At the Kong Lor Caves, we hired a guide and boat to take us through the cave. The Kong Lor Cave is a massive 7km long and has cathedral-like ceiling sometimes 25 meters high! The only way through the cave is to take a guided boat tour through the cave that is operated by locals. It is a great way to view the inside of the caves and support the locals in the area that work to preserve this beautiful natural wonder.
After the caves, we made our way to a guesthouse on the main road. We had dinner and a few BeerLao before heading down to a local festival that we could hear nearly 1km away. When we arrived, we were the only westerners in sight. Immediately the kids welcomed us and were very curious. We played a couple of the local games and did some gambling with some help from the children.
The fourth and final day of riding the Thakhek Loop is from Kong Lor to Thakhek and is a long 180km day, with most of it on a busy highway. We stopped for lunch in Vieng Kham, near the junction, before finishing up the final 100km of the trip.
The cost riding a motorcycle on the Thakhek Loop:
Bike/scooter from Mr. Ku’s Bike Rental:
- Zongshen semiautomatic 110cc imitation Wave: 80,000 kip with insurance. If anything was to happen on the ride, the insurance would cover it and Mr. Ku would send out help. Even though repairs are cheap, it’s nice to know you have his support and a local to negotiate in the case of accident or repair. I spent about 80,000 kip on fuel for the whole trip.
- Tha Lang Village
Sabaidee Guesthouse Dorm: 25,000 kip
Make sure you check this one out, we all really enjoyed our stay!
- Koun Kharn
Xokxayhah Guesthouse Dorm: 40,000 kip
A quiet hotel that only had a couple of guests but it was cheaper than some of the other offerings. I would suggest somewhere else if you are looking for more backpackers.
- Kong Lor
Xok Xay Guesthouse Private Room: 50,000 kip
Small quiet and local with great food and some harsh homemade ‘Laos Loas’ whiskey.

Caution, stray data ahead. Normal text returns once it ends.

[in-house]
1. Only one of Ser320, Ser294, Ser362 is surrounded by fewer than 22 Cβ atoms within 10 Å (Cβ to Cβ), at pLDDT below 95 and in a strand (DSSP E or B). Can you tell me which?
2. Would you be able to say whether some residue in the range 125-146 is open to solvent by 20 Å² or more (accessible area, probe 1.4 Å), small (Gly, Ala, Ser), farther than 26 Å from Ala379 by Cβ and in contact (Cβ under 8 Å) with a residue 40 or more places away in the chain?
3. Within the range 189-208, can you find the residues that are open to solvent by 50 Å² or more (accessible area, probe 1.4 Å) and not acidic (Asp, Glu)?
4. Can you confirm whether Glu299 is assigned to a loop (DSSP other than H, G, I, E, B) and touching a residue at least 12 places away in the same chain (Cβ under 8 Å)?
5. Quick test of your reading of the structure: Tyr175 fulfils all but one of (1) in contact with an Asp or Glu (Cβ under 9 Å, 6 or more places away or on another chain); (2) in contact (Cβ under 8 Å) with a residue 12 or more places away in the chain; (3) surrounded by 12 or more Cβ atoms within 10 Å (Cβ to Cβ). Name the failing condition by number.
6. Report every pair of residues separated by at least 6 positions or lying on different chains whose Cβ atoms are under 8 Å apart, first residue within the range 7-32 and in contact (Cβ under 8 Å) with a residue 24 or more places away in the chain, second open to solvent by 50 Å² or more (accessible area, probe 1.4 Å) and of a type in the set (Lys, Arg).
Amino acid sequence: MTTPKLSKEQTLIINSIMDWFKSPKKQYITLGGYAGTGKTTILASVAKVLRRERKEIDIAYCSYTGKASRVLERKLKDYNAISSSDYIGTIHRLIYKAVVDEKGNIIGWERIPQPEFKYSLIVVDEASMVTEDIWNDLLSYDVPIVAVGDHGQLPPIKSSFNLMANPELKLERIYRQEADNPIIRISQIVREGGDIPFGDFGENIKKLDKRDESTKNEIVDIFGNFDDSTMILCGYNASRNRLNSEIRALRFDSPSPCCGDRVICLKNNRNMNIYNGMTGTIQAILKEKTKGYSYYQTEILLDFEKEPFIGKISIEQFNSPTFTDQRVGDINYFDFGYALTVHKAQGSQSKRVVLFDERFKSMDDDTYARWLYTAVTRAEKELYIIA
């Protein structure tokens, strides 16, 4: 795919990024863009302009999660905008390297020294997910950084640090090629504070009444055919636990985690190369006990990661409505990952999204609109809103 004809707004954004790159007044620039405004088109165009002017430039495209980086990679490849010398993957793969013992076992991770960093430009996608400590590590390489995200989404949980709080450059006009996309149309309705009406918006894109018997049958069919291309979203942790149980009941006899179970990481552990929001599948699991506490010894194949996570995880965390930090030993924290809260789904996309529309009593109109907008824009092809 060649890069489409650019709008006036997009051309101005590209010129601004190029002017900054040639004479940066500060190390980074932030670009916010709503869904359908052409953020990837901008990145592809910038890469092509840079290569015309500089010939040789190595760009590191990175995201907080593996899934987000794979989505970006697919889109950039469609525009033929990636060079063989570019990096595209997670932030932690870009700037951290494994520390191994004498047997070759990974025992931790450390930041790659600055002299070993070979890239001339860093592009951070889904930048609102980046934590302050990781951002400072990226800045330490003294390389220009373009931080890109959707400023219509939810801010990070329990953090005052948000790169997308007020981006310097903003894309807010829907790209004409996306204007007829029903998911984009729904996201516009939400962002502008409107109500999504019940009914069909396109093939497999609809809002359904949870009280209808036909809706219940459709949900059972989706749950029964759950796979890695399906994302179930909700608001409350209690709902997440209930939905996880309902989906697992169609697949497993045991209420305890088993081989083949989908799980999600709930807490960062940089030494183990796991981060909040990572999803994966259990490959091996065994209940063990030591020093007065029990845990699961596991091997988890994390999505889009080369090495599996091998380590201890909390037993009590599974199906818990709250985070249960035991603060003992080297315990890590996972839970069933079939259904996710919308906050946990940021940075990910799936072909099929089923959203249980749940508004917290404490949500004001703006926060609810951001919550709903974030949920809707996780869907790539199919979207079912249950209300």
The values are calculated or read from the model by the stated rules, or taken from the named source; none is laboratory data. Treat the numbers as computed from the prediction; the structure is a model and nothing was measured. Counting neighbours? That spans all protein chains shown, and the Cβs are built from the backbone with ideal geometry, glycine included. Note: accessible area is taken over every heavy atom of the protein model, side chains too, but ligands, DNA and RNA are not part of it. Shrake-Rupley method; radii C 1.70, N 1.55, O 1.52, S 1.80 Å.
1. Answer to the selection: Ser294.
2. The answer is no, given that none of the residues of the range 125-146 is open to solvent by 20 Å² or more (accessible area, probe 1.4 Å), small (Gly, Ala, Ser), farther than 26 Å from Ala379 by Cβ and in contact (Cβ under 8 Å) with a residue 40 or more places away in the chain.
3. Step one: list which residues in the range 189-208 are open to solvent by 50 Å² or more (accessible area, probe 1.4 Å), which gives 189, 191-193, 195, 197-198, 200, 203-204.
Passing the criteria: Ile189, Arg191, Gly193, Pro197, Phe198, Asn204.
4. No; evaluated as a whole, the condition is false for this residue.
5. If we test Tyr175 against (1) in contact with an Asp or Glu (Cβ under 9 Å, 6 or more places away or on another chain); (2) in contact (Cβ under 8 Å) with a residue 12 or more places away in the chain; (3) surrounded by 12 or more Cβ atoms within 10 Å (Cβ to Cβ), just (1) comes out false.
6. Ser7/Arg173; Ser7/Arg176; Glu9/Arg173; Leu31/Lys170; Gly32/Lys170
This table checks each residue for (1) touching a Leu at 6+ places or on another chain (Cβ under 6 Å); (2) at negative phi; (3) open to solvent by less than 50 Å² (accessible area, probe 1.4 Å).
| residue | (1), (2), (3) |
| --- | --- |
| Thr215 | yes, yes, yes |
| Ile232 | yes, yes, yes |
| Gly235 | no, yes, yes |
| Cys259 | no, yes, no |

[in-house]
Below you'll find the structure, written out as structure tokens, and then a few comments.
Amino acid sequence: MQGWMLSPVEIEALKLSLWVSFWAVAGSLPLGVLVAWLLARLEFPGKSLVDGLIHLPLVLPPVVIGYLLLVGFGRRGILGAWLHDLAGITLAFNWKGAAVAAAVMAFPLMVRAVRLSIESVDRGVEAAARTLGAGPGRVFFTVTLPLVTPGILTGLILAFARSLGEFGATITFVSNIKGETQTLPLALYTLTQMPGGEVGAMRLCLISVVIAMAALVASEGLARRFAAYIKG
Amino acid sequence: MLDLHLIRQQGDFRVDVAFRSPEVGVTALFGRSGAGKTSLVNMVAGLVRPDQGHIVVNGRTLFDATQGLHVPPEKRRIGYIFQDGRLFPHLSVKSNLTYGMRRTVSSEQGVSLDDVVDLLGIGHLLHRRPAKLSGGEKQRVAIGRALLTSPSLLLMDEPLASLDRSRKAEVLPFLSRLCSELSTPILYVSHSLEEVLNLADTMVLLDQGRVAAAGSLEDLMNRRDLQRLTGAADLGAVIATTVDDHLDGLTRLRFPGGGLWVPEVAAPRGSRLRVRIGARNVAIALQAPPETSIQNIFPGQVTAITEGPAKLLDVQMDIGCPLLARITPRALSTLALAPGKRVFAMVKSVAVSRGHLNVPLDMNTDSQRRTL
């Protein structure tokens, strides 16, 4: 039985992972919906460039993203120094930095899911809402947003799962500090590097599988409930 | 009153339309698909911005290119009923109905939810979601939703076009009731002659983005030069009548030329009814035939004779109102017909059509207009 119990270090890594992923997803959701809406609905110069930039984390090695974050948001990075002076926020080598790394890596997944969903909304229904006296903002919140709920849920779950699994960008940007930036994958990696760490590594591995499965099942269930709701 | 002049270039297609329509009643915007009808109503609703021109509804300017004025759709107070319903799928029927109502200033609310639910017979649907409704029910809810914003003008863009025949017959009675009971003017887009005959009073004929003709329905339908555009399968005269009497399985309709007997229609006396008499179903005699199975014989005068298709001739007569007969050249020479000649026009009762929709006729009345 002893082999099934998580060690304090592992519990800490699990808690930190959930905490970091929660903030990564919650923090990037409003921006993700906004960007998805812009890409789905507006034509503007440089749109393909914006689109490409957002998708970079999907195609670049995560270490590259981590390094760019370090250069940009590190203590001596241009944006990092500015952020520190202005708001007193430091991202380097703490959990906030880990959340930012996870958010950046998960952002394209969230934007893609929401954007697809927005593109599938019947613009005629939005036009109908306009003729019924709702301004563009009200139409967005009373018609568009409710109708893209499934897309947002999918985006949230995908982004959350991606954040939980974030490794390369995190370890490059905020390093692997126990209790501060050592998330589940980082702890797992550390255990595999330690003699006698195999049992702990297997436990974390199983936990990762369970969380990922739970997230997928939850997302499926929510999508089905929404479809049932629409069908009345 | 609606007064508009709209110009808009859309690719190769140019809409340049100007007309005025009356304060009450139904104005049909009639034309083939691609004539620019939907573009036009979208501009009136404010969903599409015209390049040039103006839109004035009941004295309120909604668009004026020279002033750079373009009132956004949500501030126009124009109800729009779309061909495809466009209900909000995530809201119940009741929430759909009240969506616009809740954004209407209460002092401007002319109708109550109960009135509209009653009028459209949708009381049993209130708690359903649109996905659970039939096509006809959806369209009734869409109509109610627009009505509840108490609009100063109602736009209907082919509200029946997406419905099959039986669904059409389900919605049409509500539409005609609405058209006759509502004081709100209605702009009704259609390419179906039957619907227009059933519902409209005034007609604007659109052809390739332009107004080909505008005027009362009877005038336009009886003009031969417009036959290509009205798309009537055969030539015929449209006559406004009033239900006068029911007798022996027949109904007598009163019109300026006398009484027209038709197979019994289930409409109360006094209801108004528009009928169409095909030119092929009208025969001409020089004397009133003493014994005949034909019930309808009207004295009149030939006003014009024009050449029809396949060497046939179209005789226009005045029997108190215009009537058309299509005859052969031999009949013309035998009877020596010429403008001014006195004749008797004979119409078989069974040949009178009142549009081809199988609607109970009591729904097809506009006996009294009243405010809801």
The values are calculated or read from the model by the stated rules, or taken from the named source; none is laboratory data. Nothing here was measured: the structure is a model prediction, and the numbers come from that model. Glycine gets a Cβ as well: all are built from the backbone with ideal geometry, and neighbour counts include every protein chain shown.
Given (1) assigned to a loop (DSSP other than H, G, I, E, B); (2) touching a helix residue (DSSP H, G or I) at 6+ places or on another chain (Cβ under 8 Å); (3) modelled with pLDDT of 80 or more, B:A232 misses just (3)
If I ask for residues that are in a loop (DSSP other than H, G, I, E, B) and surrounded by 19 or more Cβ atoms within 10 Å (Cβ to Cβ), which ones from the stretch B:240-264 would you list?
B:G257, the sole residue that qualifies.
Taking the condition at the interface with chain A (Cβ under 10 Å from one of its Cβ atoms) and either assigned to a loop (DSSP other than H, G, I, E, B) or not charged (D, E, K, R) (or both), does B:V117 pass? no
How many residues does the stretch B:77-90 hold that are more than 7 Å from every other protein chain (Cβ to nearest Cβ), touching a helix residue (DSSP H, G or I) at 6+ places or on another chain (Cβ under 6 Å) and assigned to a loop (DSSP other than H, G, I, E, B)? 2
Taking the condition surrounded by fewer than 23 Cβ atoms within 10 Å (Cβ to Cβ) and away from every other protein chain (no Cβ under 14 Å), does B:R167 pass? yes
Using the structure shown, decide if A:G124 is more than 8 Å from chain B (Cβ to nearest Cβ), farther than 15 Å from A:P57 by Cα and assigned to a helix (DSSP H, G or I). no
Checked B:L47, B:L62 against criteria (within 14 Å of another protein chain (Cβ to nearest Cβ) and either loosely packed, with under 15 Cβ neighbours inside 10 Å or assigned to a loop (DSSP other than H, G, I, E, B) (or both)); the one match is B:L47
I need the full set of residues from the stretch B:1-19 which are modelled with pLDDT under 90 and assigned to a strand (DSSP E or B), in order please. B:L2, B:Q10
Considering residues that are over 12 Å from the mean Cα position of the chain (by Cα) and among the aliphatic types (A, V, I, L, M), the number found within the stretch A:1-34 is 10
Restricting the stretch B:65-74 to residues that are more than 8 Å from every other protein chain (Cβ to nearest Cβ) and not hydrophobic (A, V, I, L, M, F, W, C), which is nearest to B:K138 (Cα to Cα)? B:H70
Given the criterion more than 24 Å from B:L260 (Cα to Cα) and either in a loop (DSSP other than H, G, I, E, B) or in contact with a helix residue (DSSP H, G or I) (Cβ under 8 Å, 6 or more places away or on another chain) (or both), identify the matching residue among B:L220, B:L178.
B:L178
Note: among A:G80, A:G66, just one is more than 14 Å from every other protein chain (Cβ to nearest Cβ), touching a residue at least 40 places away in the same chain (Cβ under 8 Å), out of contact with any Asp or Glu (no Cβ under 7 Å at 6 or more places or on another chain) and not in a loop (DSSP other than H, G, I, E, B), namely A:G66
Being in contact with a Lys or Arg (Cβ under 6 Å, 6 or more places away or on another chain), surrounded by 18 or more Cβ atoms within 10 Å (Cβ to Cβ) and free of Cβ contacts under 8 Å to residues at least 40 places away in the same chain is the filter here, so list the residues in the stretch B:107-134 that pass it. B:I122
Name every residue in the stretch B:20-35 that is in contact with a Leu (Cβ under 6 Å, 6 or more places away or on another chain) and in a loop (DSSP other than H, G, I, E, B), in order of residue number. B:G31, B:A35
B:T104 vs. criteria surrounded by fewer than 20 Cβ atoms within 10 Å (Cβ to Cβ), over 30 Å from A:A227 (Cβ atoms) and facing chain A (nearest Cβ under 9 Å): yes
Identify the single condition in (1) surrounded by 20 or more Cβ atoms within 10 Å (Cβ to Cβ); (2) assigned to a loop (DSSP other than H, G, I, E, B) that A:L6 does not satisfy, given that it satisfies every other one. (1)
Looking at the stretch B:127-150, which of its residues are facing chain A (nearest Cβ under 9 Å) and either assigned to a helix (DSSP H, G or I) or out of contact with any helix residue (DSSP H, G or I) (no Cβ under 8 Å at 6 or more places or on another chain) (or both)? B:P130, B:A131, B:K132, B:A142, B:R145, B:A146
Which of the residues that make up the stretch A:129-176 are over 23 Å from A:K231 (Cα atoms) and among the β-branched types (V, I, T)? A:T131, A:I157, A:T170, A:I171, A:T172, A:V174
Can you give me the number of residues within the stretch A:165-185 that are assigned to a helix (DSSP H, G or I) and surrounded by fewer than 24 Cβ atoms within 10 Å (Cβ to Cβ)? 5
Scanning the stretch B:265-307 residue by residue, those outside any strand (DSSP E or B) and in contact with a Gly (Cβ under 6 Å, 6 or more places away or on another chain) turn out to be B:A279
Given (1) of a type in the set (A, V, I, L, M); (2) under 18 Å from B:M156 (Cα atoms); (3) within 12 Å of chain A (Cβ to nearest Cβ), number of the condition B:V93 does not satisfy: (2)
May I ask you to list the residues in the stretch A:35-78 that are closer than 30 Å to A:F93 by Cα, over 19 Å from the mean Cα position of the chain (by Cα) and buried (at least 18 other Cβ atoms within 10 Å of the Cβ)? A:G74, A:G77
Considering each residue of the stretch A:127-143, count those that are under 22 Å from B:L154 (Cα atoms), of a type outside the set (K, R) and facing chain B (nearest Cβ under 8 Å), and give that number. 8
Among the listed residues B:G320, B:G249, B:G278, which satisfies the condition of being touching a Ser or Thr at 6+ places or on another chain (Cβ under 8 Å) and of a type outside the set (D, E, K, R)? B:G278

Food and drinks were about the same price as other locations in Laos even with the remote locations.
- Kong Lor Cave:
2,000 kip entry
5,000 kip for motorbike entry (park outside and walk in)
110,000 kip per boat with two people and one guide
Packing List for the Thakhek Loop:
- 3 days clothes, one pair that you can wear while riding to stay protected from the sun and keep the dust off of you. I brought a bandanna to cover my mouth which was a life saver on the dusty roads
- Sturdy shoes or boots, never ride a motorbike in flip flops
- Water bottle
- Plenty of cash for the trip as ATMs are rare or possibly unreliable
- Phone and offline maps
- Map from motorbike rental
- Basic translation sheet as they don’t speak much English
Tips for renting and riding a motorcycle/scooter in Laos:
- Make sure you get a helmet with your motorbike rental!
- Get travel insurance if you don’t have it already!
- Leave early so you have plenty of time to check out all of the caves and pay close attention to the signs, they are easy to miss!
- I used the free app Maps.Me for offline maps and route information. It’s a lifesaver when you lose cell service!
- Both times I stayed in the dorm, I was the only one! Most are traveling in a group and sharing a double is cheaper than dorms so I had the dorm all to myself for less!
- Fuel from the small stores is quite a bit more expensive than from the fuel station so top up when possible.